The key to the Internet's survival is the Internet's decentralization — and it's not uniform across the world. In some countries, international access to data and telecommunications services is heavily regulated. There may be only one or two companies who hold official licenses to carry voice and Internet traffic to and from the outside world, and they are required by law to mediate access for everyone else.
Under those circumstances, it's almost trivial for a government to issue an order that would take down the Internet. Make a few phone calls, or turn off power in a couple of central facilities, and you've (legally) disconnected the domestic Internet from the global Internet. Of course, this level of centralization also makes it much harder for the government to defend the nation's Internet infrastructure against a determined opponent, who knows they can do a lot of damage by hitting just a few targets.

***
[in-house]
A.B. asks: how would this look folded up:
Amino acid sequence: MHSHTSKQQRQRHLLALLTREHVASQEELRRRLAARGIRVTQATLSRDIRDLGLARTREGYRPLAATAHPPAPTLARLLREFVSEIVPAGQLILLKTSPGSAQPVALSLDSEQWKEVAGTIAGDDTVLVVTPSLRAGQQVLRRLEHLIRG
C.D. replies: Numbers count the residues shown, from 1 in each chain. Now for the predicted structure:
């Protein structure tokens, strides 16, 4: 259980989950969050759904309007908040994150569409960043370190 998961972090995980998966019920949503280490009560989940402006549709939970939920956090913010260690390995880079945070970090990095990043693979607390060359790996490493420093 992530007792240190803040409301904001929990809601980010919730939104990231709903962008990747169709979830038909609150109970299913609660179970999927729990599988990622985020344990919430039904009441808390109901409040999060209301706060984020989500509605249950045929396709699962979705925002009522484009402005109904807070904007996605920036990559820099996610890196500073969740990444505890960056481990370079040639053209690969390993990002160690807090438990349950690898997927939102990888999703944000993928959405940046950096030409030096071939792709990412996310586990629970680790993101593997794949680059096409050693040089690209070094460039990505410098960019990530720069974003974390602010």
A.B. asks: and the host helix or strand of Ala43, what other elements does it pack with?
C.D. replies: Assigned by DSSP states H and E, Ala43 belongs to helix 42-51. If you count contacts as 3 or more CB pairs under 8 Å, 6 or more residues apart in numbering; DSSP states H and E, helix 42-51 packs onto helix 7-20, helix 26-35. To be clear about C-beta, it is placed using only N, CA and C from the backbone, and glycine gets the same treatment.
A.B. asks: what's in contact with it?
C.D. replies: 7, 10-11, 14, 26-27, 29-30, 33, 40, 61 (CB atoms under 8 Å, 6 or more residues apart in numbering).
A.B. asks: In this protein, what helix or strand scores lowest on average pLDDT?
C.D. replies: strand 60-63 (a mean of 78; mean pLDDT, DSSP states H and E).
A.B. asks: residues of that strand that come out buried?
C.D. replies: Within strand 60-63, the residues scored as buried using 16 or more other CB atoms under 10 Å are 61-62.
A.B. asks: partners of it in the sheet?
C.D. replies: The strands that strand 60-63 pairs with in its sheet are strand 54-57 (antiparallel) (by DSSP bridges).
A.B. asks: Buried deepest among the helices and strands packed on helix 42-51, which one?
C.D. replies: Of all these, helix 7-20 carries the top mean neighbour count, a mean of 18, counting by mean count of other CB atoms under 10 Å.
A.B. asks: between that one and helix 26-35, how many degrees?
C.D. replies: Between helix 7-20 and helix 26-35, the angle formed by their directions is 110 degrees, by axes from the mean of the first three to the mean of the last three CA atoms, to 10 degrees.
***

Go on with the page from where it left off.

With good reason, most countries have gradually moved towards more diversity in their Internet infrastructure over the last decade. Sometimes that happens all by itself, as a side effect of economic growth and market forces, as many different companies move into the market and compete to provide the cheapest international Internet access to the citizenry.
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